When I was a young boy my parents would take the family camping. It was something they enjoyed and it gave them a break from the stress back in civilization. My father grew up in a small town in Oregon and raising a family with seven children in 1960's Sacramento, California (a city about 24 times the size of the one he grew up in) was a source of considerable pressure. We eventually returned to Oregon and the small town life my father was used to. Our vacations then consisted of annual trips to the Homestead in Eastern Oregon for deer hunting season. As a child, I did enjoy those trips, the smell of the campfire, playing with my cousins, sleeping in a tent.
But when I was eleven, the hunting trips stopped. Dad's work schedule clashed with hunting season. In fact, we no longer took vacations. Instead we had the occasional and rare day-trip to the beach and once to the Wild Life Safari in Winston, Oregon. I really didn't mind. By that time I had discovered movies. Movies became my vacations. I could leave the pressures of high school and sit in a theater and be transported into an exciting world of make-believe.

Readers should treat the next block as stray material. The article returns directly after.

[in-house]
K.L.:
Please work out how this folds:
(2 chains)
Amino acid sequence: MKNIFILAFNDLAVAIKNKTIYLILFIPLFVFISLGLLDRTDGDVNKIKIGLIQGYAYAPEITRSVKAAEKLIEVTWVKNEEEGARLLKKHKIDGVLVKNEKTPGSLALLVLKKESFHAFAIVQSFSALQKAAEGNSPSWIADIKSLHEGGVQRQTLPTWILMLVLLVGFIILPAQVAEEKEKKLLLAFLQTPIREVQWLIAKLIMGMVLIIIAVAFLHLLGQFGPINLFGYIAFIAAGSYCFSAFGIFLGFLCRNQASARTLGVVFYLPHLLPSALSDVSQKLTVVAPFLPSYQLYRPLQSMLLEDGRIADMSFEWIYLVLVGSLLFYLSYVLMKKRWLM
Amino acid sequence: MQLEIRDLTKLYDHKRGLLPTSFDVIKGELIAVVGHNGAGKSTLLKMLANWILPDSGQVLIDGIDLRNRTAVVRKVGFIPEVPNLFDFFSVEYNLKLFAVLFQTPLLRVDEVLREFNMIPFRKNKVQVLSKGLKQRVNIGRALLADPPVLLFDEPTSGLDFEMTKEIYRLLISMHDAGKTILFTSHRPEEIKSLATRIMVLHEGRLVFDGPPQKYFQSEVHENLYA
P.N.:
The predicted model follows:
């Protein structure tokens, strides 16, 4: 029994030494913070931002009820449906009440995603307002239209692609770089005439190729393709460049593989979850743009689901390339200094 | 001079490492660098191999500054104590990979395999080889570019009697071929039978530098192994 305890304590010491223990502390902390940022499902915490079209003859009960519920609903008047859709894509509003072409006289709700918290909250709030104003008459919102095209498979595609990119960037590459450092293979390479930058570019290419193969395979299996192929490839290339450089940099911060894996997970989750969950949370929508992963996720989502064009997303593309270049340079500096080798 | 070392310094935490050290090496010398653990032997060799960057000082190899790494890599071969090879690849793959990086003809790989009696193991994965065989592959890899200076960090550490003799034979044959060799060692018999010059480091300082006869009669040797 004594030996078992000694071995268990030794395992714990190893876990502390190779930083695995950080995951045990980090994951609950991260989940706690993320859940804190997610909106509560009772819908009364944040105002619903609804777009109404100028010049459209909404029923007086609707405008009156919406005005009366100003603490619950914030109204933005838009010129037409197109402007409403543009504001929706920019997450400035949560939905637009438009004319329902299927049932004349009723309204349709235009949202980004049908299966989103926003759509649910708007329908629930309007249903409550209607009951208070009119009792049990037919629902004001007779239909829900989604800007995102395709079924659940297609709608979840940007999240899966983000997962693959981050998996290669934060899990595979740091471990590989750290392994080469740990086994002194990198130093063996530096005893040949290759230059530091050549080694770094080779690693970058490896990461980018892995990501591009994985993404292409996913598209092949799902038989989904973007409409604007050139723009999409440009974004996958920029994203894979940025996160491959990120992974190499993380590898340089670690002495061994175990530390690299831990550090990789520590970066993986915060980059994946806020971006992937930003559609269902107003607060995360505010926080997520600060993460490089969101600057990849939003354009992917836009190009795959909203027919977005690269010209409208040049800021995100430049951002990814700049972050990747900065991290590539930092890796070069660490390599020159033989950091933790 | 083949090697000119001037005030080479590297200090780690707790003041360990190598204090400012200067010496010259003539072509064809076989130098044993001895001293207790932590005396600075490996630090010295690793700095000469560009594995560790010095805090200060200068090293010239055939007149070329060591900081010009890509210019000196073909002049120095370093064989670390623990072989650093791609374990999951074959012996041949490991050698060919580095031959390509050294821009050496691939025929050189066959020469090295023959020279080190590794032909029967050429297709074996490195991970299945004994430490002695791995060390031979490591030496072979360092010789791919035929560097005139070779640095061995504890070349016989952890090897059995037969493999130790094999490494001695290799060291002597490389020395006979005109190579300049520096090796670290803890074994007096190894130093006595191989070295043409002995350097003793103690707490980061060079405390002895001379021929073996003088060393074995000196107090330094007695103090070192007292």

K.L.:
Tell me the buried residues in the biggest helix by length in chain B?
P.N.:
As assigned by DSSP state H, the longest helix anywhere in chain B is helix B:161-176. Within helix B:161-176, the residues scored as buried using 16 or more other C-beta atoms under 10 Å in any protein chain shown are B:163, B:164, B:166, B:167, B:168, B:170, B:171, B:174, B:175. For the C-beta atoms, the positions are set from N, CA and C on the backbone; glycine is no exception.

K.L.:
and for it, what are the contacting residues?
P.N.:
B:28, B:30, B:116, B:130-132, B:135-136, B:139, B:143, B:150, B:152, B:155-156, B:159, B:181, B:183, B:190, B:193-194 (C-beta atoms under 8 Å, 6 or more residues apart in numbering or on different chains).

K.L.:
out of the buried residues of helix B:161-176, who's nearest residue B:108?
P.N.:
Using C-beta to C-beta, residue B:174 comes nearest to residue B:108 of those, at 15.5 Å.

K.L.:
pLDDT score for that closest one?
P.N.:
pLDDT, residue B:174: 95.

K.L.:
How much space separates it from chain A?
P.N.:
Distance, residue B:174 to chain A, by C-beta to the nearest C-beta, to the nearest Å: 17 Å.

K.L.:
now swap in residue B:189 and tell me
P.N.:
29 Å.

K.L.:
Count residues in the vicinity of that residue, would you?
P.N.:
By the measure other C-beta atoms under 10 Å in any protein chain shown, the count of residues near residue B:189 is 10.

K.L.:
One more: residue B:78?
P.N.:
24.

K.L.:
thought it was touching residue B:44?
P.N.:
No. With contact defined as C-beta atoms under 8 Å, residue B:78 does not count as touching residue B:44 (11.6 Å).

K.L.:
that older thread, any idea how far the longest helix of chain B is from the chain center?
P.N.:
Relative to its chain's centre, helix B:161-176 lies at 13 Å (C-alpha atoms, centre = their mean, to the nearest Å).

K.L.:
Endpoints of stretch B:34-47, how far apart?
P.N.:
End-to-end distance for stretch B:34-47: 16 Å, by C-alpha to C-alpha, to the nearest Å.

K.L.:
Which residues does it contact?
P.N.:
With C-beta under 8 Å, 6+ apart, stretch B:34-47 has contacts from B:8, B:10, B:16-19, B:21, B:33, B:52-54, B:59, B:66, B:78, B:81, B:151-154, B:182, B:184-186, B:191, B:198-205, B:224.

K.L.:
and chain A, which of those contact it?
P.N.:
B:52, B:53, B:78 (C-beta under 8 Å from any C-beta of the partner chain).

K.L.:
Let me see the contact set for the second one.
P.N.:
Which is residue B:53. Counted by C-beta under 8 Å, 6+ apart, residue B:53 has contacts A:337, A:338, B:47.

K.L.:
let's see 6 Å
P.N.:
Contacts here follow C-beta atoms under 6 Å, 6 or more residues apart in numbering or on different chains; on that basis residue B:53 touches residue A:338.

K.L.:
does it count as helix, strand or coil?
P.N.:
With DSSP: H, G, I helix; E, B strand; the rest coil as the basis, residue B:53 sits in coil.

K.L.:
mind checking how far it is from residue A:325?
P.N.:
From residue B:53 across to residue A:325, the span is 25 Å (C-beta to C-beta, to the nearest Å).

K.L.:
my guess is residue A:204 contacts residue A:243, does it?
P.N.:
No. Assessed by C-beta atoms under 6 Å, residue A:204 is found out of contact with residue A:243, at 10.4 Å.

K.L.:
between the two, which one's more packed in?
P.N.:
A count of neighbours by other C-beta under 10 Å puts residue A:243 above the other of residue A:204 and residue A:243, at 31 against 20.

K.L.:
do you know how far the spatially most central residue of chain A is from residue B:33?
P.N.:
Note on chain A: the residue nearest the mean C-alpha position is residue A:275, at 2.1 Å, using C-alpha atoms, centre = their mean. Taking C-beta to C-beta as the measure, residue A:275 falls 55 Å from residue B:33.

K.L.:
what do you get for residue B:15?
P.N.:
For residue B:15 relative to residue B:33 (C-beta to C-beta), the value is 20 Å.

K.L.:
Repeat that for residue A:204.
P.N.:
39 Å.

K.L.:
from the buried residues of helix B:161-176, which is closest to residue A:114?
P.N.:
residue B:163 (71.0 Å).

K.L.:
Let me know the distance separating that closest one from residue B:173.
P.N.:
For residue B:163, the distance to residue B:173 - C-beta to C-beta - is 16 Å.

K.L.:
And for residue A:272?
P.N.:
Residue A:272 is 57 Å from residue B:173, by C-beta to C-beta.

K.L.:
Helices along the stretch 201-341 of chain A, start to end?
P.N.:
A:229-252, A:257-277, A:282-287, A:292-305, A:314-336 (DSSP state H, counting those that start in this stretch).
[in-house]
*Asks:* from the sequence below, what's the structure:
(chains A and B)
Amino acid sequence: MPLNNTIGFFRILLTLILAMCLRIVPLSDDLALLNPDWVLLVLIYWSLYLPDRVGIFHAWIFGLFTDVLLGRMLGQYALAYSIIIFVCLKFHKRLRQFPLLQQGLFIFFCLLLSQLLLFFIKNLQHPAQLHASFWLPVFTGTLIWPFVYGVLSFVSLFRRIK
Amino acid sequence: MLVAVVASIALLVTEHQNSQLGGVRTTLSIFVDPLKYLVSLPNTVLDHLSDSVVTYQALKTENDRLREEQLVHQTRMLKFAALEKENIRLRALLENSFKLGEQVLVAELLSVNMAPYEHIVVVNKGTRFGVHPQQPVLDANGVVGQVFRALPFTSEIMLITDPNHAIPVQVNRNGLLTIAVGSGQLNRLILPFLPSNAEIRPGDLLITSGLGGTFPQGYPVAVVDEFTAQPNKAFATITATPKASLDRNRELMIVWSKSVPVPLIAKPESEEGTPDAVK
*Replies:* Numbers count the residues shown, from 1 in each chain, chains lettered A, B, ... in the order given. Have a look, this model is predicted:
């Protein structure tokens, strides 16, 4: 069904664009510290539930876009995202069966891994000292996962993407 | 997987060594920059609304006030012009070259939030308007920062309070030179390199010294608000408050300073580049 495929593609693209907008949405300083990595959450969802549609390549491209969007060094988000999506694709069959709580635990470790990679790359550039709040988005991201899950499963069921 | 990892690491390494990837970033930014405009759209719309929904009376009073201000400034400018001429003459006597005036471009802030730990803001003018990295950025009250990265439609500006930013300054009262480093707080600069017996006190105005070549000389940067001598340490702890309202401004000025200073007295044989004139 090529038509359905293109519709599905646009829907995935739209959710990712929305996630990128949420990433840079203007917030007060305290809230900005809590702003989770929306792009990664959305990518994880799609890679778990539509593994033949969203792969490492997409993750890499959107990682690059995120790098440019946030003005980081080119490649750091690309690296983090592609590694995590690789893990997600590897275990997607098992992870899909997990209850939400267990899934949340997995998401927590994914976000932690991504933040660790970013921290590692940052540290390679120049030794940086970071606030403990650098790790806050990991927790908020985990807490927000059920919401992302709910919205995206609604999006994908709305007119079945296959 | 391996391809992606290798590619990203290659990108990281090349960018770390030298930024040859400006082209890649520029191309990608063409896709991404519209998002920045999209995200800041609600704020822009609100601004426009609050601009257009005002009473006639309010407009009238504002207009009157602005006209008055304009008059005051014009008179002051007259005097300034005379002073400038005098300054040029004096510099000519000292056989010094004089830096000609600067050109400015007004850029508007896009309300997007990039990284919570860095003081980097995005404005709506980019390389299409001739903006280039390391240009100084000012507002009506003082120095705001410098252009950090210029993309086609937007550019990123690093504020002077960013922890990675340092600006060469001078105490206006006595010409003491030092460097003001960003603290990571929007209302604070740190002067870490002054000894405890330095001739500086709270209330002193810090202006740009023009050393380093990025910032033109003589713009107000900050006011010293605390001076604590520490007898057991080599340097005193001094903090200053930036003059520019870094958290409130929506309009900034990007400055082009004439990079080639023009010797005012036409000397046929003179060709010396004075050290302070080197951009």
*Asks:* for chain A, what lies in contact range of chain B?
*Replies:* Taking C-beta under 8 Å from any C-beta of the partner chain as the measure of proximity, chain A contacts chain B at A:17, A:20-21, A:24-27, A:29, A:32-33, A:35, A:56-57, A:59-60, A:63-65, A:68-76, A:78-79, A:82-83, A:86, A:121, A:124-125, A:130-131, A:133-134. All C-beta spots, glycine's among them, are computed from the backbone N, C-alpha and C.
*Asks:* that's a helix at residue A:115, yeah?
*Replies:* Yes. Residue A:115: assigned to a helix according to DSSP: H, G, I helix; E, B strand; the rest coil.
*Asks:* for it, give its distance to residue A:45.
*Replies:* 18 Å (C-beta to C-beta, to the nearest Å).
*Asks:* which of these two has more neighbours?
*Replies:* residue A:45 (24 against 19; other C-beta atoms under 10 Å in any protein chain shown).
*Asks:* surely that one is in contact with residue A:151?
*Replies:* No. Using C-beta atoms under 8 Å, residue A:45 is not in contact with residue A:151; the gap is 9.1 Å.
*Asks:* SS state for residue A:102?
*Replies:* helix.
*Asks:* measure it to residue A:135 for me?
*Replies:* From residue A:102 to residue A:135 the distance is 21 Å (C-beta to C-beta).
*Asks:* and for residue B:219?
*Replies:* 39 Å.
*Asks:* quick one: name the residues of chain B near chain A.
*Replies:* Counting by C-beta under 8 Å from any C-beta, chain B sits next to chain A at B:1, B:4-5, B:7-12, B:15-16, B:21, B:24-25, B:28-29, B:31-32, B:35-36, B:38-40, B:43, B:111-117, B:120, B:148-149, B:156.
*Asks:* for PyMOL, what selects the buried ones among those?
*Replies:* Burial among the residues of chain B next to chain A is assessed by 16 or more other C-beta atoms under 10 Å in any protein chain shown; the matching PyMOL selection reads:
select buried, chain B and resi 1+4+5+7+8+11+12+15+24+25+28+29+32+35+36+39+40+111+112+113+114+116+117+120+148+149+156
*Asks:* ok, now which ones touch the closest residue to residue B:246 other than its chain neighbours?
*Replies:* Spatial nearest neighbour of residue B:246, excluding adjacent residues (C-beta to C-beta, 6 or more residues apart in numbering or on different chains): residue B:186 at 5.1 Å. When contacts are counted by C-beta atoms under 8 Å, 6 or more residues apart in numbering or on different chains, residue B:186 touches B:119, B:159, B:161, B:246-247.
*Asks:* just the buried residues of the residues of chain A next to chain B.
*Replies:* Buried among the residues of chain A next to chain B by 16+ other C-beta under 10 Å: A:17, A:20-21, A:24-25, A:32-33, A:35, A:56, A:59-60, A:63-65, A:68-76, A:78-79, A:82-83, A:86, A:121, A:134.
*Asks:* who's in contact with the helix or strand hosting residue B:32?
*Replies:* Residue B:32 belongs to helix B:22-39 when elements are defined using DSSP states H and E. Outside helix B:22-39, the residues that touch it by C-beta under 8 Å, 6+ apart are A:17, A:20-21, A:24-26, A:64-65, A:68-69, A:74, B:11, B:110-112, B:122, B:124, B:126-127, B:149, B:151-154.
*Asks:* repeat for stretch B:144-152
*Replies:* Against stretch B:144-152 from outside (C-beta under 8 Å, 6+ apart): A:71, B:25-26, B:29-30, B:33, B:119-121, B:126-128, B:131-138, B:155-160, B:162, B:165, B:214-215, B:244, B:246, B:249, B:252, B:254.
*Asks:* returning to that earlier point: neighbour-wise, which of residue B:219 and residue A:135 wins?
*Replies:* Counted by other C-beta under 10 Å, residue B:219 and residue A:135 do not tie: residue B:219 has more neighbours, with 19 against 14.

It was about this time that I discovered writing could be an escape, a fun "mini-vacation." I could create my own world and the people in it. Even though they don't always do what I want, in the end, it all worked out.
After I graduated, I made another discovery, reading for enjoyment. In three months I read six books which is funny when you consider I couldn't even finish one book in four years for my literature classes. I found that reading, just like the movies and writing, allowed me to enter into a new world, meet new people and walk around without having to spend a lot of money or travel miles to get away. I would get so absorbed in the story I would lose all track of time and when I reached the end, I found that I missed the characters and couldn't wait to return. (I love series novels for that reason.)
Now, I don't take vacations. Instead I escape into a book - either writing one or reading. You can too. Pick up a book, find a quiet spot and take a mini-vacation.